Transport and Travel In Scotland 2012

Transport Scotland’s Statisticians today published Transport and Travel in Scotland 2012. This bulletin provides a first release of the results from the 2012 Scottish Household Survey transport questions. Statistics from a range of other previously published sources are used to provide context. The publication can be found on the Transport Scotland website

The main findings from the 2012 SHS transport questions are:

Travel to work and school

  • Thirty per cent of respondents travelled to work by public or active transport, continuing the trend of little change in recent years. This figure provides an update to the indicator used in the Scottish Government’s National Performance Framework which is considered to be ‘performance maintaining’.
  • Active travel accounted for 16 per cent (walking: 13.6%, cycling: 2.0%) and public transport 14 per cent (bus: 10.1%, rail: 4.3%) of all journeys to work in 2012, these figures are similar to 2011.
  • Fifty-two per cent of all journeys to school were made by walking or cycling in 2012. The levels have remained relatively stable over the last ten years.
  • Children in primary school were more likely to walk or be driven to school than children in secondary school. Secondary school pupils are more likely to catch a bus.

Motor vehicles and driving

  • Driving licence possession varies with age. Seventeen to 19 year olds have the lowest rate of licence possession (28%) with the rate increasing with age to peak at 80 per cent of 40 to 49 year olds, before decreasing back down to 37 per cent of those 80 or over.
  • One in five respondents had made a journey in the last month where they chose to drive only part of the way, and completed their journey using another form of transport. Of these, 29 per cent parked in a designated Park & Ride facility and a further 29 per cent used an ordinary car park at a bus station, train station or airport.

Public transport and aviation

  • The majority of people are satisfied with public transport. Seventy-two per cent of people were satisfied or very satisfied in 2012. This is a fall from 76 per cent in 2011 and higher than in 2007 (69%). This forms part of the update to the National indicator on perceptions of the quality of public services. Eighty-four per cent of respondents felt that public transport was very or fairly convenient to access in 2012.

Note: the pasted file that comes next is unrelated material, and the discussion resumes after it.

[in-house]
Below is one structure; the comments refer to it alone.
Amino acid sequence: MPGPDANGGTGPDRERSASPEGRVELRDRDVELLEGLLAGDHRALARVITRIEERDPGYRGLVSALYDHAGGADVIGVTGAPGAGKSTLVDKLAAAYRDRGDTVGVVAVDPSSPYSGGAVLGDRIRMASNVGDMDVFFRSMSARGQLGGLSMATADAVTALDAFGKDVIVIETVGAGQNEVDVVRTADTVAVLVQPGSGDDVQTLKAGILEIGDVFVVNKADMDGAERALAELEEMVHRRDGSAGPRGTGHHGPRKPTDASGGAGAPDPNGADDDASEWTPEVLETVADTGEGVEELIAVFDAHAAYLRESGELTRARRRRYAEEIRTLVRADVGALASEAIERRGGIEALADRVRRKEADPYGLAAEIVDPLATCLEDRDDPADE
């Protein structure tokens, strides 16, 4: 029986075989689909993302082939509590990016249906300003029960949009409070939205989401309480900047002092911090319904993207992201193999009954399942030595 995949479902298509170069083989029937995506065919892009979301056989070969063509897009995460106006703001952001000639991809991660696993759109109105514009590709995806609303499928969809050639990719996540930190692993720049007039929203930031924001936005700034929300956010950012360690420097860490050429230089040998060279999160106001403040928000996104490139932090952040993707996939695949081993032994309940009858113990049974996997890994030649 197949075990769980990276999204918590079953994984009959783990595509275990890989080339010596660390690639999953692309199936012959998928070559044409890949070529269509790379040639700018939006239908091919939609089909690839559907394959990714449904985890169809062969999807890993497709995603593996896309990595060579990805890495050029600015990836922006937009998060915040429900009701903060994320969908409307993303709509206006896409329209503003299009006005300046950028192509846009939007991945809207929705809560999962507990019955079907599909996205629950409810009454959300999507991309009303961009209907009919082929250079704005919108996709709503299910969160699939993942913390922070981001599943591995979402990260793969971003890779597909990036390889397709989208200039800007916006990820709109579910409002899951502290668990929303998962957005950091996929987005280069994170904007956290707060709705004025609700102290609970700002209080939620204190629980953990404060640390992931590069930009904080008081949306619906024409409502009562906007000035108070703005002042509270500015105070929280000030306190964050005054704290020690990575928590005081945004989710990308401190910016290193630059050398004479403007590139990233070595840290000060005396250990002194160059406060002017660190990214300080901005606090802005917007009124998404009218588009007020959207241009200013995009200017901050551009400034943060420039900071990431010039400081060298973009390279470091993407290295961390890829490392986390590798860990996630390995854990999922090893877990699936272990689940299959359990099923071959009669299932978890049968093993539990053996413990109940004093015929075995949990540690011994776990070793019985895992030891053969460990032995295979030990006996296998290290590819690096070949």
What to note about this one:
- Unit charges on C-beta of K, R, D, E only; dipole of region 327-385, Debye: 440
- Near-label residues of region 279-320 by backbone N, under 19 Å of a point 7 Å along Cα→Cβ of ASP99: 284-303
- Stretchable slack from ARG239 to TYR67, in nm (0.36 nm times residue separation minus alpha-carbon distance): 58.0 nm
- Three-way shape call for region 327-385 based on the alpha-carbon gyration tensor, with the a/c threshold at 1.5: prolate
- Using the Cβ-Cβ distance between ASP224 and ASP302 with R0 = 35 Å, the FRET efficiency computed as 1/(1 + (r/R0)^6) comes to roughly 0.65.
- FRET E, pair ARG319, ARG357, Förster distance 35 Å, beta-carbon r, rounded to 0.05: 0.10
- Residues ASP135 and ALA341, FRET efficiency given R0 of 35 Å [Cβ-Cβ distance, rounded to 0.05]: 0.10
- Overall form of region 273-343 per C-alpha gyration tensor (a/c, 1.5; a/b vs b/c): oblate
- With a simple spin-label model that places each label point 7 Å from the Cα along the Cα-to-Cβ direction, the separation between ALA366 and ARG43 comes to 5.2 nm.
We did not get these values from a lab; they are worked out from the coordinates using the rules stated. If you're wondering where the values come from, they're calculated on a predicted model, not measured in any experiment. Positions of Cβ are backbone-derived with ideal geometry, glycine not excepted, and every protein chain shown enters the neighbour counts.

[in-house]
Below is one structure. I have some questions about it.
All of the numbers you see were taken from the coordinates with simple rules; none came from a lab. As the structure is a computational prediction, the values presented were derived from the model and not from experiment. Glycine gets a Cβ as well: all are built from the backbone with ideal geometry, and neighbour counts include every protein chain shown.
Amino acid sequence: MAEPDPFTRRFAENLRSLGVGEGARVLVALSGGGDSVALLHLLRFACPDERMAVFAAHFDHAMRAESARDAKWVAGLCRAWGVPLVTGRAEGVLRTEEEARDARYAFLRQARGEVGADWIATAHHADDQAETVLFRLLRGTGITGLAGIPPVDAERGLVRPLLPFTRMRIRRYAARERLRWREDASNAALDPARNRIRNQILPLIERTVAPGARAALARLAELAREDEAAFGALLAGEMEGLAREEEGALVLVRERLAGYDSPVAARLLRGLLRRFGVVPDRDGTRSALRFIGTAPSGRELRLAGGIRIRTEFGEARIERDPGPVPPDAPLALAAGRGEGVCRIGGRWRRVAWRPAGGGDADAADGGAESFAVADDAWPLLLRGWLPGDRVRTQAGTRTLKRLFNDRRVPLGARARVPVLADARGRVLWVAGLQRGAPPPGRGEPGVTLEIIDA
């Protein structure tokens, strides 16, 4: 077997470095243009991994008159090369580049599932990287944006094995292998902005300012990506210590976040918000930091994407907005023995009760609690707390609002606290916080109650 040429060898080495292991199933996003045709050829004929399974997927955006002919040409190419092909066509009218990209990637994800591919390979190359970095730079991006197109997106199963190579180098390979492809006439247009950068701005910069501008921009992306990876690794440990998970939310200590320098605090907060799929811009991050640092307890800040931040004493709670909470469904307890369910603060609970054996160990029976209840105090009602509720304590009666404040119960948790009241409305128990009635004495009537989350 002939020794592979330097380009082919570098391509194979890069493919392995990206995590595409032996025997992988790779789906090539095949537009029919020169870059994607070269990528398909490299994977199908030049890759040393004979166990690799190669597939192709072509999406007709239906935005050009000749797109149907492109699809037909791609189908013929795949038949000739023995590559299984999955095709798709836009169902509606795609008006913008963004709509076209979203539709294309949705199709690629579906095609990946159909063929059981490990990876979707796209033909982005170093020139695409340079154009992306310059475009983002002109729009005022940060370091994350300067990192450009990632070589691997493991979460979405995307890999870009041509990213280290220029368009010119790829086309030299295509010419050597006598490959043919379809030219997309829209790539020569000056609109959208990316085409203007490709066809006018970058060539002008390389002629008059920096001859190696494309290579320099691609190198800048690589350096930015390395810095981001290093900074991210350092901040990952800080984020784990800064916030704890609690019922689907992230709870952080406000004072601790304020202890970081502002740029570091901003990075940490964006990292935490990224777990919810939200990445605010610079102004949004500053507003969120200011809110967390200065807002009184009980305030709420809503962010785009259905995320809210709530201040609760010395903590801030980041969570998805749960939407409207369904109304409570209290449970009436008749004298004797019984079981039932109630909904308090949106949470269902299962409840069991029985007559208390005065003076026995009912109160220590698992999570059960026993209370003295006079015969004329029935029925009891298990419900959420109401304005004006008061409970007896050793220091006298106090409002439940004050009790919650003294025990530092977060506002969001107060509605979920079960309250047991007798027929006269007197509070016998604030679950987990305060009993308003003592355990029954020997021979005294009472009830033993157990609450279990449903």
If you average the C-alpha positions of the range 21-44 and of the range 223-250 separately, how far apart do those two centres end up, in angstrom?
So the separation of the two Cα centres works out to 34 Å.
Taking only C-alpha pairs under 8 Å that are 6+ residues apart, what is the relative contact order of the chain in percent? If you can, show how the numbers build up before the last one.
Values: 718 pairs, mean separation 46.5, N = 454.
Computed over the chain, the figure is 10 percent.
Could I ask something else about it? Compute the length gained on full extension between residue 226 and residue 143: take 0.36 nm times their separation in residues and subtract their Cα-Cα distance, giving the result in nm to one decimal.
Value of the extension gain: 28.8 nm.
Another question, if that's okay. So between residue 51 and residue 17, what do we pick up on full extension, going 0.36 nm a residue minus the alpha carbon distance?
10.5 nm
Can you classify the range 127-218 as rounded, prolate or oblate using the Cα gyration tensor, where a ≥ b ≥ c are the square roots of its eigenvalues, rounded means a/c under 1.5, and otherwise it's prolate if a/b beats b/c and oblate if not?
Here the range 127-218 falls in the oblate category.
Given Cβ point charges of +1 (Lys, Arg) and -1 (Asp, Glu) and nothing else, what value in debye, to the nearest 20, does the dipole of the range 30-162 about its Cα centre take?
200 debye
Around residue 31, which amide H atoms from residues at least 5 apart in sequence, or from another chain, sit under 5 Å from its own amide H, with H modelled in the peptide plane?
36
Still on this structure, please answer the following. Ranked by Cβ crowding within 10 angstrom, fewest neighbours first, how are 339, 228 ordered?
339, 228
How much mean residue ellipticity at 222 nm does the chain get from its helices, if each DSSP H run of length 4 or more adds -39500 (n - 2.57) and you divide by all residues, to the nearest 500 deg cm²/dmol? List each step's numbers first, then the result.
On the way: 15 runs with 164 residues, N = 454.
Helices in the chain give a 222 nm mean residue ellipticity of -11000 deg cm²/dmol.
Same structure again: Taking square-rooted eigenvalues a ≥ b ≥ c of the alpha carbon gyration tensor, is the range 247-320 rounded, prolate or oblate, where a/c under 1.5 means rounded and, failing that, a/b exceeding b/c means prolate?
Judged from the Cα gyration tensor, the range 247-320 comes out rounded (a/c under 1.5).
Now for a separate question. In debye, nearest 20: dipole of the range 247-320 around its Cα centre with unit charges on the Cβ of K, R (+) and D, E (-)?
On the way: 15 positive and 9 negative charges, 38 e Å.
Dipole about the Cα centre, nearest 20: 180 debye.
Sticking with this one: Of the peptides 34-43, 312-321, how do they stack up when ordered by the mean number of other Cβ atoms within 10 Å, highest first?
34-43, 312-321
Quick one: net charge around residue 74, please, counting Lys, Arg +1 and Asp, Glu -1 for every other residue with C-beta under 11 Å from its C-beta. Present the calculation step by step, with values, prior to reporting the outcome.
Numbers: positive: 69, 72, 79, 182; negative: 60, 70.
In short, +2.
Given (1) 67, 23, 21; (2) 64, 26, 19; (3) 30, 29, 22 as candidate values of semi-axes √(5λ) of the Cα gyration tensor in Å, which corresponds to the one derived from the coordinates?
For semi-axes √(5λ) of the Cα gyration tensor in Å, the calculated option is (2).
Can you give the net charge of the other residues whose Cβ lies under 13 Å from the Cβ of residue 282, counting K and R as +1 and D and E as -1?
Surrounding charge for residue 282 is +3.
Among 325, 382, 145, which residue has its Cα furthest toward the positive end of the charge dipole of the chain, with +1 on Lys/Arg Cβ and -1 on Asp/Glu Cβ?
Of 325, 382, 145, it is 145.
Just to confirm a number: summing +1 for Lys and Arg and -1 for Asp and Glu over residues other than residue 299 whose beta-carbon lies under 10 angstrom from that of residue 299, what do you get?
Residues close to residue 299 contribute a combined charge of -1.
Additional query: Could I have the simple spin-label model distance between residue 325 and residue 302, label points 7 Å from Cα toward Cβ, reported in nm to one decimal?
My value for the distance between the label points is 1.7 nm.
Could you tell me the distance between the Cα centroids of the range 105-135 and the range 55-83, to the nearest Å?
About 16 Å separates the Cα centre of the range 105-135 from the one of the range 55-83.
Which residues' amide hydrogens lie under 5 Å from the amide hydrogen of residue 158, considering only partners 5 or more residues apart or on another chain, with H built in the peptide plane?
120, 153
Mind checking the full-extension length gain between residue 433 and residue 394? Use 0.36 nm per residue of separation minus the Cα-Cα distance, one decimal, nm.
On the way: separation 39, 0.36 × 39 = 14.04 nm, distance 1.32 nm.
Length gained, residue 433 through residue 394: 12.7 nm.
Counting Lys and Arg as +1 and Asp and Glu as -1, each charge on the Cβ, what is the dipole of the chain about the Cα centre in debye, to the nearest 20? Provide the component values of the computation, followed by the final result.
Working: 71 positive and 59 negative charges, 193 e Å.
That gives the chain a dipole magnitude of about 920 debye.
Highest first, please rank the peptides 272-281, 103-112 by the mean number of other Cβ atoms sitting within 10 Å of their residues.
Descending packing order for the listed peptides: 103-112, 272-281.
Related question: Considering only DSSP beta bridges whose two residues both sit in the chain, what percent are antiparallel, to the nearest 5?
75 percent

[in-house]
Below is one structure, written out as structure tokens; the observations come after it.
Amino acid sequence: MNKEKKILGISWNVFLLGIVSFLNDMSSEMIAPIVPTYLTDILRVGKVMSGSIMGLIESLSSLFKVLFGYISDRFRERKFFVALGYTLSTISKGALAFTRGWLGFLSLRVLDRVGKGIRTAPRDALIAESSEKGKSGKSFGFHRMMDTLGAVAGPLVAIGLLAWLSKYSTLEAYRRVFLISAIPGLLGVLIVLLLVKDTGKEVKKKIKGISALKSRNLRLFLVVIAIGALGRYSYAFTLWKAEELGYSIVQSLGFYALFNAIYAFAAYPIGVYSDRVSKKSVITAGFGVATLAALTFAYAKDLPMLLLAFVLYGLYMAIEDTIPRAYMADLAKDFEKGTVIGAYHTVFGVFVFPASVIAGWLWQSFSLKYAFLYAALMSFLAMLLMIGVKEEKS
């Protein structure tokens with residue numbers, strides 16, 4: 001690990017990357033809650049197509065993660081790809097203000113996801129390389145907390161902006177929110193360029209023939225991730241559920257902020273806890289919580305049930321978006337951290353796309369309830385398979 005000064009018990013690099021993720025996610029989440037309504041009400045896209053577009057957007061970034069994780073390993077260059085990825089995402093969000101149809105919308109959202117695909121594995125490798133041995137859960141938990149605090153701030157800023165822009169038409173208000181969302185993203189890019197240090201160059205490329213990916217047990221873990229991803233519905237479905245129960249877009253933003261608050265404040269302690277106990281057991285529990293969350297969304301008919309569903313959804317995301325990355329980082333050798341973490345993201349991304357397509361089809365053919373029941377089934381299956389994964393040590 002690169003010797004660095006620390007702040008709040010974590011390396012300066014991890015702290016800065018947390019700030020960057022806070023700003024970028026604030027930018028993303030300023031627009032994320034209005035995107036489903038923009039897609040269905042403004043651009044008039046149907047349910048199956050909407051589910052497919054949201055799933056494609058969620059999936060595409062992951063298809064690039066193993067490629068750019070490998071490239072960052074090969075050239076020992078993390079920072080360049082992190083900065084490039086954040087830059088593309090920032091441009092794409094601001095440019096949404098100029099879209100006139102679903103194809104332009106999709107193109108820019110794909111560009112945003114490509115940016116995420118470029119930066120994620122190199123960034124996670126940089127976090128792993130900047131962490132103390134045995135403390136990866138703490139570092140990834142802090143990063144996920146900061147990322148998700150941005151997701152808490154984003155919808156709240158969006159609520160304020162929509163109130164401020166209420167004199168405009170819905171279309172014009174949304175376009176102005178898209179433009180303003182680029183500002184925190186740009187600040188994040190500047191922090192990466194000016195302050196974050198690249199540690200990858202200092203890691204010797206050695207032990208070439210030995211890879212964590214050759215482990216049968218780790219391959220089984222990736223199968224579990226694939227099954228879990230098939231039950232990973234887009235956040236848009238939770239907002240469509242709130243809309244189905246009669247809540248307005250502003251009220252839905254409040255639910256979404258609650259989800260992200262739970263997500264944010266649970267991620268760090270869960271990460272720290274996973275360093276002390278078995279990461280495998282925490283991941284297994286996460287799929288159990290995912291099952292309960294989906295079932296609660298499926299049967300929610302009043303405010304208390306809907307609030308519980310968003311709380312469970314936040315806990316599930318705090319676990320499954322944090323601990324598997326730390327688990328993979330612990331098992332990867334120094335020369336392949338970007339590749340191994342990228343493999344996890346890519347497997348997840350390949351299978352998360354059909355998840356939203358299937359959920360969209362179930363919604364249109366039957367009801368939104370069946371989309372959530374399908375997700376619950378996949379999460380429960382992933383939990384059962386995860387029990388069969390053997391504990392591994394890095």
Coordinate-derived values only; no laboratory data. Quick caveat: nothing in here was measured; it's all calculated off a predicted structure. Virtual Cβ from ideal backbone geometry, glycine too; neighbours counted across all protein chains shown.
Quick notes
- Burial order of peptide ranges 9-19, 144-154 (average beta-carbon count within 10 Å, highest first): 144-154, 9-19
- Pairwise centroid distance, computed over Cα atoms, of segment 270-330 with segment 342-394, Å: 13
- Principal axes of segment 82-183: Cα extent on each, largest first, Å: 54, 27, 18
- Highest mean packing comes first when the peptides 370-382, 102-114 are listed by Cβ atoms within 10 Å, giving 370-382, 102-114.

• When asked about aspects of each mode of public transport, levels of satisfaction were higher. Most people agreed that it was easy to change from buses and trains to other forms of transport (82% for trains and 75% for buses) and to find out route and timetable information (91% for trains and 84% for buses).
  • Twenty-eight per cent of respondents to the SHS used the train in the last month, up from 26 per cent in 2011 and an increase from 15 per cent in 2002. Forty two per cent used a local bus in the last month.
  • Younger people and women are more likely to use the bus. Two thirds of 16-19 year olds had used the bus in the last month, compared to one third of those aged 40-49. 45 per cent of women had used the bus in the last month compared to 38 per cent of men.
  • Fifty-five per cent of those aged 60 or over used their concessionary pass at least once a month. Thirty-four per cent have a pass but haven’t used it. Twelve per cent have no pass.
  • Forty-six per cent of SHS respondents took a flight for leisure purposes in 2012 and 8 per cent for business.

Notes to editors

  1. The full statistical bulletin is available via the Transport Scotland website
  2. National Statistics are produced by professionally independent statistical staff – more information on the standards of National Statistics in Scotland can be accessed at:
  3. This bulletin describes some of the main trends in transport statistics over the last 10 years, from the Scottish Household Survey and a number of administrative data sources. A comprehensive statistical picture of transport activity is described in the compendium Scottish Transport Statistics, next due to be published in February 2014. Further information on Transport and Travel statistics within Scotland can be accessed at:
  4. The SHS started in February 1999 and involves interviews with about 15,500 households across Scotland each year. While the aim is to obtain a representative cross section, like any survey the results may vary from year-to-year depending upon the composition of the sample. Some topics have been included in the SHS since it started; others were added more recently.
  5. Further Scottish Household Survey (SHS) statistics are published within the SHS Annual Report 2012. This covers a range of topics including housing, transport, health and education and can be accessed via the Scottish Government website. The SHS Travel Diary results will be published by Transport Scotland in November 2013.
  6. This bulletin publishes SHS statistics which underpin Scotland’s National Indicator on travel to work. More information on Scotland’s National Indicators can be found on the Scotland Performs website:

Published 28 Aug 2013